The west coast
The fish market in Dixcove and the 17th century British fort are nice places to visit. Nearby is Busua, a tropical beach with palm trees and high Atlantic waves. However, like almost the entire coast, swimming here is dangerous because the waves create a strong current. But there are small rocky coves where you can swim safely. Elmina (‘the mine’) was the first Portuguese settlement and has an interesting fully preserved 15th-century fortress.
Cape Coast and Takoradi: Everywhere in this region one comes across evidence of the colonial era. Cape Coast, the former capital of the “Gold Coast,” is overlooked by a castle where slaves were held captive before crossing to America. Today the castle houses the West African Historical Museum.
Accra and environs
Accra: The National Museum houses an extensive collection of Ghanaian art and an interesting memento of recent history: the statue of Kwame Nkrumah, the ‘father’ of independence, with his arms chopped off. Makola Market on Kojo Thompson Road is a sprawling street market where vendors from the surrounding villages sell their produce daily. Traditional handicrafts can be bought at the Center for National Culture.
- Searchforpublicschools: Offers schooling information of Ghana in each level – compulsory, technical and higher education programs.
Aburi is 38 km north of Accra in the Akuapim Hills. The sanatorium (now a Rest House ) built in the 19th century ) indicates the refreshing climate. The Botanical Garden was created during the colonial era and houses an extensive collection of subtropical plants and trees. Shai Hills Game Reserve : This relatively small game reserve is located 50 km from Accra and can be reached by car. Ada is a popular resort area at the mouth of the Volta. Anglers can catch barracuda and Nile perch in the estuary. Nearby is the salt marsh of Songow Lagoon, known for its rich bird life.
Kumasi is the historical capital of the Ashantis. Here you can see the ruins of Manhyia Palace and the Royal Mausoleum burned by Lord Baden-Powell. The cultural center is very interesting, with a museum mostly dedicated to the Ashantis, a library and an open-air theater. In the »Living Museum«, which consists of a farm and a replica village, you can see goldsmiths, potters and sculptors working according to traditional techniques. The weavers who produce colorful kente fabrics are particularly interesting.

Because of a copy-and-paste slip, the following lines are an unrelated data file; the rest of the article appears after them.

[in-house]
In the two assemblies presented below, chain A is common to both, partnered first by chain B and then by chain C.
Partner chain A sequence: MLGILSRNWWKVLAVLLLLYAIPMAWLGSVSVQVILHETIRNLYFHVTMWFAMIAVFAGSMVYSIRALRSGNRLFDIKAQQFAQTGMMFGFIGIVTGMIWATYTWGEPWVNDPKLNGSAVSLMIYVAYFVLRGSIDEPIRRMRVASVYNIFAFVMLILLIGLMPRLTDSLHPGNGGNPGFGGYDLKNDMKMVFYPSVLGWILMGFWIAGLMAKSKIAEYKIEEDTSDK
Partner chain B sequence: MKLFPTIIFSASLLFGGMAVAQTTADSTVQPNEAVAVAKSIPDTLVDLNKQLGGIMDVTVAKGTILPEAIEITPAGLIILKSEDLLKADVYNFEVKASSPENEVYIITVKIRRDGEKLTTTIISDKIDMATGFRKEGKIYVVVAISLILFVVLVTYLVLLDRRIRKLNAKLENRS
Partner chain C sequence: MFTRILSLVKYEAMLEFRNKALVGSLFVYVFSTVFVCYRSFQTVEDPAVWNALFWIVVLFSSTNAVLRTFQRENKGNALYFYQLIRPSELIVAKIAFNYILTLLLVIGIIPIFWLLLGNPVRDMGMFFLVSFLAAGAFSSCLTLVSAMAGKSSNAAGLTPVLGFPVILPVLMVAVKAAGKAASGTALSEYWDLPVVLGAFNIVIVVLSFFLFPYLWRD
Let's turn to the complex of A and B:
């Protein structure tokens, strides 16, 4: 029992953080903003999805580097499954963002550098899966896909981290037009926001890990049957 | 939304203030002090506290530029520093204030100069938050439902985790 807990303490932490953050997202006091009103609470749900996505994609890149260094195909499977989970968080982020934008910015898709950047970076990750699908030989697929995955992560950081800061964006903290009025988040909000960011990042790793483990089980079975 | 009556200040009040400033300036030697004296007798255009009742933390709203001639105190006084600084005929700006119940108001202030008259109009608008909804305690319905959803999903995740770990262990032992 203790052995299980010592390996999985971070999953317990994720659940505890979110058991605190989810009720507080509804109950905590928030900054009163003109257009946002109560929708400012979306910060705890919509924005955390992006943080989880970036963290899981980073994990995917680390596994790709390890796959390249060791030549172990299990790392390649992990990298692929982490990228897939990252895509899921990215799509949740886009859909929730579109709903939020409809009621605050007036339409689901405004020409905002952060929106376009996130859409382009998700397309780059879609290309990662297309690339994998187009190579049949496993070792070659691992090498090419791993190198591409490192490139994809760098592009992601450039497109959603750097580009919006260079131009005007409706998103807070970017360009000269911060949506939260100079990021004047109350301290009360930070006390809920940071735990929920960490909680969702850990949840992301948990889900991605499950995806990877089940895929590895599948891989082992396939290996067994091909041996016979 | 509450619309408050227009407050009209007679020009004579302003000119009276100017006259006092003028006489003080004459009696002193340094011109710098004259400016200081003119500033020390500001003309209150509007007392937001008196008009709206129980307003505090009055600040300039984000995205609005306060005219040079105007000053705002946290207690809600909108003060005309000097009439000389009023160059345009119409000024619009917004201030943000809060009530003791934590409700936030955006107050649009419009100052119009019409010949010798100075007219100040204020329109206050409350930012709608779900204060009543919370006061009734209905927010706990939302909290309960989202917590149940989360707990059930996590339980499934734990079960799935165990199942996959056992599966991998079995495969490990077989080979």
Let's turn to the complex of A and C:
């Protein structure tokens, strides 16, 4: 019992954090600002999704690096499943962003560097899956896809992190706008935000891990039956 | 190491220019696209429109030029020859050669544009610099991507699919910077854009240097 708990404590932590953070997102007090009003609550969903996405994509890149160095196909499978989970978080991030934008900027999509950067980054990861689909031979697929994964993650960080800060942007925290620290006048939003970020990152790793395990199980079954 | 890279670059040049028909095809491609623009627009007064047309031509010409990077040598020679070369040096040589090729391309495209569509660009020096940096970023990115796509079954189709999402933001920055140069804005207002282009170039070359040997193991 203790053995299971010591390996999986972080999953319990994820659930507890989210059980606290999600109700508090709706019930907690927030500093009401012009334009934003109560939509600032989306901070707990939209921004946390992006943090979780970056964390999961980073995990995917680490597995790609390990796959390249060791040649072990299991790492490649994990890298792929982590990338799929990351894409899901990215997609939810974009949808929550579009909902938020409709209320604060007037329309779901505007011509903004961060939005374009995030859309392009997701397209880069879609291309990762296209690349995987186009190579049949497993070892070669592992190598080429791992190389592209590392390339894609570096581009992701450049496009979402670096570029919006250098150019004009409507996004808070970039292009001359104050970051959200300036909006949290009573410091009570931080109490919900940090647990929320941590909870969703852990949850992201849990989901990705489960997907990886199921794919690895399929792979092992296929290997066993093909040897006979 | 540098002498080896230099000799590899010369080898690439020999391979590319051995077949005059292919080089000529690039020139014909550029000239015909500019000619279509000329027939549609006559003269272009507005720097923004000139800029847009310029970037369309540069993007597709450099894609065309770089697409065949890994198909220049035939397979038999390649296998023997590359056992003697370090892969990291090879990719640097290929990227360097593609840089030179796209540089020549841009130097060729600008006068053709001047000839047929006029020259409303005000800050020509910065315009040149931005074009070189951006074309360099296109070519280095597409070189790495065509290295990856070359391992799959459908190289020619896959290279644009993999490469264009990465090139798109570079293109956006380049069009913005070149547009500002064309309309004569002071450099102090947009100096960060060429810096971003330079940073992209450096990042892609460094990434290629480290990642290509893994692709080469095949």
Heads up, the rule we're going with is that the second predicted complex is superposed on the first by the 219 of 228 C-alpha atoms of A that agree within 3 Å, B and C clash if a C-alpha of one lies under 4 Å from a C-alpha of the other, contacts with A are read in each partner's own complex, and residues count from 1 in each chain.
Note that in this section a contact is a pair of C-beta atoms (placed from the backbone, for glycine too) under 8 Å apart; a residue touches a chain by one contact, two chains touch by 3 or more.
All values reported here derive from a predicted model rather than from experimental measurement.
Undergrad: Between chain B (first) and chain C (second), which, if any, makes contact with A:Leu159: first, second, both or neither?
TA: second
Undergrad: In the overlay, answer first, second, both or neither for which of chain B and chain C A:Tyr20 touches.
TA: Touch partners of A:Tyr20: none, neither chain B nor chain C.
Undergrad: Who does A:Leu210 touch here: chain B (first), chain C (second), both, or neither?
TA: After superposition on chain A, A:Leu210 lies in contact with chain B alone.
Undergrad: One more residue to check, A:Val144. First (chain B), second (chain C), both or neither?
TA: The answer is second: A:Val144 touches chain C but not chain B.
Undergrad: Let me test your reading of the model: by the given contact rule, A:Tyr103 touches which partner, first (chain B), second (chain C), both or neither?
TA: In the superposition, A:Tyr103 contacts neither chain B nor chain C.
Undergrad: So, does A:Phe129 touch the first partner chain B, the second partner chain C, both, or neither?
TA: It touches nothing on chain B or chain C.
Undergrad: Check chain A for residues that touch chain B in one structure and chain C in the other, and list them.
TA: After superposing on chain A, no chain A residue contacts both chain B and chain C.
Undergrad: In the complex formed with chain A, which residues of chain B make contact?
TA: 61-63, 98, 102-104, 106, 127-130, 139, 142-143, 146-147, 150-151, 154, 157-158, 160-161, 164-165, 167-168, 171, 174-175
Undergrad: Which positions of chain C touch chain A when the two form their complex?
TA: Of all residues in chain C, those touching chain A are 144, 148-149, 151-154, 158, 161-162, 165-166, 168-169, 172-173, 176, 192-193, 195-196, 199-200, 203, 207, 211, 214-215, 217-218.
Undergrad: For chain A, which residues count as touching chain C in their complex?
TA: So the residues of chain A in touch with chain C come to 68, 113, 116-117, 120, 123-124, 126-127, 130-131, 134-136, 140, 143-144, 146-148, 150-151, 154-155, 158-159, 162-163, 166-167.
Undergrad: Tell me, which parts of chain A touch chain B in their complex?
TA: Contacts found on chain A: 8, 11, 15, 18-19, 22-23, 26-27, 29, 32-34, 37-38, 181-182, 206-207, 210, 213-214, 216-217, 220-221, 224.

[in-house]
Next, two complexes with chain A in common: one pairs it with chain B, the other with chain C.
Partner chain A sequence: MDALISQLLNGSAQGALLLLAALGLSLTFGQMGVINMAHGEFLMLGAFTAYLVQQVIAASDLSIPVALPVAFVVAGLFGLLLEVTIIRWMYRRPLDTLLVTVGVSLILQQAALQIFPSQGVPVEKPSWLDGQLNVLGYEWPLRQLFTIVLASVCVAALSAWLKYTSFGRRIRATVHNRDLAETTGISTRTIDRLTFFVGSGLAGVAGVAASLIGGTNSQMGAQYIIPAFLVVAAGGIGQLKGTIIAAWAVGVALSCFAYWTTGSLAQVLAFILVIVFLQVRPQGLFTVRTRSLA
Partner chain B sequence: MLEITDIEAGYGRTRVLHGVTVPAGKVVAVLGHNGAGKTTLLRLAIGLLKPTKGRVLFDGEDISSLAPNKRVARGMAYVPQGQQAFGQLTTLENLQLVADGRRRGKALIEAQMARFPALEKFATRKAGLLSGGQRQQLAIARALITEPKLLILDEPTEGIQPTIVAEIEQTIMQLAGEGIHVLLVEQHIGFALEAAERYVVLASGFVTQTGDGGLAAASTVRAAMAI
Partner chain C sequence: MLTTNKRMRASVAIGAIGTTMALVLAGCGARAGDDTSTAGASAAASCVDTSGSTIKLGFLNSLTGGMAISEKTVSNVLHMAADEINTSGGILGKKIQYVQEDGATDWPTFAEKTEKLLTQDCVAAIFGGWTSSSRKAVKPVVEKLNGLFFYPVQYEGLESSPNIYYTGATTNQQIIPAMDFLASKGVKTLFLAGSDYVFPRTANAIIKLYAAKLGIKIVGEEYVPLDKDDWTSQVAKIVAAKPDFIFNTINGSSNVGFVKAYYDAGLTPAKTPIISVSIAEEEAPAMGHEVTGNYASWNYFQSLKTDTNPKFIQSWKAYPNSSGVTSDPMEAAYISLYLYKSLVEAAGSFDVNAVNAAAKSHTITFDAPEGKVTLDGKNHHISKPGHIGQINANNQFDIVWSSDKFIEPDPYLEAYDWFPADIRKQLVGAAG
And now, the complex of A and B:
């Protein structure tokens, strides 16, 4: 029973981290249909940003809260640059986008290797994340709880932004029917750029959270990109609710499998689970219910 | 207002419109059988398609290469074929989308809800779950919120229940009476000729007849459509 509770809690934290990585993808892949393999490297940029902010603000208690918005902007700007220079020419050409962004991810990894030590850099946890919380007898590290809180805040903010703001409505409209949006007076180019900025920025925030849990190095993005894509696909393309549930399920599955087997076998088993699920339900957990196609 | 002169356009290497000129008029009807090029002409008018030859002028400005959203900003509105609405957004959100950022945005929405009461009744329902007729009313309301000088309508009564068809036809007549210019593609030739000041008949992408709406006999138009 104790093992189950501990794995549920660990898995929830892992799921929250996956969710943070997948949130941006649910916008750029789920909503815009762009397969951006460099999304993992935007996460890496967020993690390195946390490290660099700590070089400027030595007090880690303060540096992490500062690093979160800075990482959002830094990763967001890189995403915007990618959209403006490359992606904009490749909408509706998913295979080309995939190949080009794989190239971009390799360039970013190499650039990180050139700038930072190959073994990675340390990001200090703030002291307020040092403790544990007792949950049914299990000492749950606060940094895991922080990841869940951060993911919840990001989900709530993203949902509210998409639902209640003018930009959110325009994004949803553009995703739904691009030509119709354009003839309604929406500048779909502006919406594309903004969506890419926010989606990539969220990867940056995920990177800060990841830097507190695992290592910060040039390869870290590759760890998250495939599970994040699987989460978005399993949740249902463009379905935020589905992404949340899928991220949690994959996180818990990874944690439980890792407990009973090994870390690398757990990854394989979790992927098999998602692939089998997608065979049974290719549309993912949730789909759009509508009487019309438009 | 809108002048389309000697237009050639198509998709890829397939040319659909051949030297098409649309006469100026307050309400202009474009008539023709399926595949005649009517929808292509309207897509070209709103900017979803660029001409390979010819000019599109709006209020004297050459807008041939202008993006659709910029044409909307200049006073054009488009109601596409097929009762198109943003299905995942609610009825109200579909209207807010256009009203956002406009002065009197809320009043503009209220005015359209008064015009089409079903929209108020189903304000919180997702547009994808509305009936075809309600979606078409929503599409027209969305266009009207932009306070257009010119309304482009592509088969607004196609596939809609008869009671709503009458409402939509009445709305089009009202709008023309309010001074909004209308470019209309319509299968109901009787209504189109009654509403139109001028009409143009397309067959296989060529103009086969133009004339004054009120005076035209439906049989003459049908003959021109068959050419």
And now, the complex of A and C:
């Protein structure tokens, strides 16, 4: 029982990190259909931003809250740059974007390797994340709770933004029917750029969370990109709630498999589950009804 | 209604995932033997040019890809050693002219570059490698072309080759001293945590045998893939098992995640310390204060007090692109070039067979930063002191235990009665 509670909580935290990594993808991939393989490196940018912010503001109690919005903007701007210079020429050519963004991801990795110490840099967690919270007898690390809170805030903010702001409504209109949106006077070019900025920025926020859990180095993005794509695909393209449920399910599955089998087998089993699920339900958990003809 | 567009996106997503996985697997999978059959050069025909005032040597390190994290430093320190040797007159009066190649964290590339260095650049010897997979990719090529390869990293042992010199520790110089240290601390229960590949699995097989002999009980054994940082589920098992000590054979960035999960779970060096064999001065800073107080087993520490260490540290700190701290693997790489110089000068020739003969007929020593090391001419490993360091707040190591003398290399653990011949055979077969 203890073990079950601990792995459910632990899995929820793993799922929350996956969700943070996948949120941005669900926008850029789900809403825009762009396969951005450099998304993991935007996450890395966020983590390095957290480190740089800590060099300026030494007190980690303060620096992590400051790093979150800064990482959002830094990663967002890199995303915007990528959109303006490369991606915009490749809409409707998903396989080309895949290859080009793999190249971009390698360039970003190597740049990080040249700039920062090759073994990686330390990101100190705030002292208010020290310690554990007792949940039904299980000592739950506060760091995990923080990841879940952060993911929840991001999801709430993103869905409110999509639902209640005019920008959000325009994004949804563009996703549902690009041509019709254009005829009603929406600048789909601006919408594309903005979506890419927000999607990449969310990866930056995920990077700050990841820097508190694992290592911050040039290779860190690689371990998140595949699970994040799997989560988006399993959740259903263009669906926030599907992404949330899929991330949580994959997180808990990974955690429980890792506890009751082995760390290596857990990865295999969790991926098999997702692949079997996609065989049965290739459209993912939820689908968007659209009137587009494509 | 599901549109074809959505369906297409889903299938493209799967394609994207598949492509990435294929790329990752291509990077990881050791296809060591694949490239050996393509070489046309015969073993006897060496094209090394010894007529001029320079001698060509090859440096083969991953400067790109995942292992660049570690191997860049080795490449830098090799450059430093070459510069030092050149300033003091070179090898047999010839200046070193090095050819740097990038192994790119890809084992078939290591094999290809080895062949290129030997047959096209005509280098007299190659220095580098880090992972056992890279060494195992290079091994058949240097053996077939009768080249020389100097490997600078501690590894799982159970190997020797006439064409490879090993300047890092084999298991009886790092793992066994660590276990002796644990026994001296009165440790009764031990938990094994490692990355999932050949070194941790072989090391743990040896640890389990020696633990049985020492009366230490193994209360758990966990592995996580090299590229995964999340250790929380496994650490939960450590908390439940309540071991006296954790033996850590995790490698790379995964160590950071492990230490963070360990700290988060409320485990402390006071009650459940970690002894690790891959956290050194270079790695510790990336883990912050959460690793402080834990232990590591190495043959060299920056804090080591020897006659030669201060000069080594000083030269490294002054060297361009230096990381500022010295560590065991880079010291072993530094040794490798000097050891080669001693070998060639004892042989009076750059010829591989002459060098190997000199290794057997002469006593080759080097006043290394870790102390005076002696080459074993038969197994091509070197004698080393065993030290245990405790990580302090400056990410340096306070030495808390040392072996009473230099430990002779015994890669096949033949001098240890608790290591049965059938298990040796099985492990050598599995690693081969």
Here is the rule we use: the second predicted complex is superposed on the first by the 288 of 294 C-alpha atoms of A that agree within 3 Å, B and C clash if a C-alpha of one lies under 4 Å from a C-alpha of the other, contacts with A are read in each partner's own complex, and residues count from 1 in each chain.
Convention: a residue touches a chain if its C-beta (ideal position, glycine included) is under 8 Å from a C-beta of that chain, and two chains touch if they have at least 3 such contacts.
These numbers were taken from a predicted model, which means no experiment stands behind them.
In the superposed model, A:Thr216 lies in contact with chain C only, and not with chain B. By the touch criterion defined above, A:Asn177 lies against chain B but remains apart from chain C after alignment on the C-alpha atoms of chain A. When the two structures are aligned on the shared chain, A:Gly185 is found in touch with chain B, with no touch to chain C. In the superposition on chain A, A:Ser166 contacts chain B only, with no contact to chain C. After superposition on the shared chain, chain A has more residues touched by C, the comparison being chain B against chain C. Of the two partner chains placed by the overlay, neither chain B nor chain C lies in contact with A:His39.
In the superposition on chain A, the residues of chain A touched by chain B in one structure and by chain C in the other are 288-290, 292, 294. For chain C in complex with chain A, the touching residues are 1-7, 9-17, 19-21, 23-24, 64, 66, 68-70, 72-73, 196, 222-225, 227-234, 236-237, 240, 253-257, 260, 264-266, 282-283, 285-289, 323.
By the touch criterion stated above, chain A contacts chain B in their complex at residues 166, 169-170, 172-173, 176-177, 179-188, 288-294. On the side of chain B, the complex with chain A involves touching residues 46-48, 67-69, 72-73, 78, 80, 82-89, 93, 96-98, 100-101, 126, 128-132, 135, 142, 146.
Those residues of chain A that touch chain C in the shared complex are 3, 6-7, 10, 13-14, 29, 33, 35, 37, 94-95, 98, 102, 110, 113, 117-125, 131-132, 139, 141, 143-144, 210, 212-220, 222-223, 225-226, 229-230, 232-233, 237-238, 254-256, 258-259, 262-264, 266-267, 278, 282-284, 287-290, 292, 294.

The Owabi Conservation Area is to the west not far from Kumasi. Further northeast is the Boufom Wildlife Sanctuary with the impressiveBanfabiri Falls. To the south is the gold mining town of Obuasi.
Akosombo is the former settlement of the workers who built the Volta Dam, which created the world’s largest artificial lake. A holiday village with good water sports facilities is currently being built here. A round trip by car ferry to Kete Krachi takes one day; a three-day trip to the northern capital of New Tamale at the inlet of the lake is also possible. There are good opportunities for sailing, water skiing and other water sports.
The Mole National Park is the most beautiful wildlife sanctuary in Ghana. You can roam the park on foot or by Land Rover, but you must always be accompanied by a guide. Tours are timed to allow close viewing of antelope, monkeys, buffalo, warthogs and the rarer reintroduced lions and elephants. It is allowed to camp, visitors are not bound to prescribed paths. At the park entrance there is a motel with a restaurant. Not far from here, the Larabanga Mosque, Ghana’s oldest mosque, built in traditional West African style, can be visited.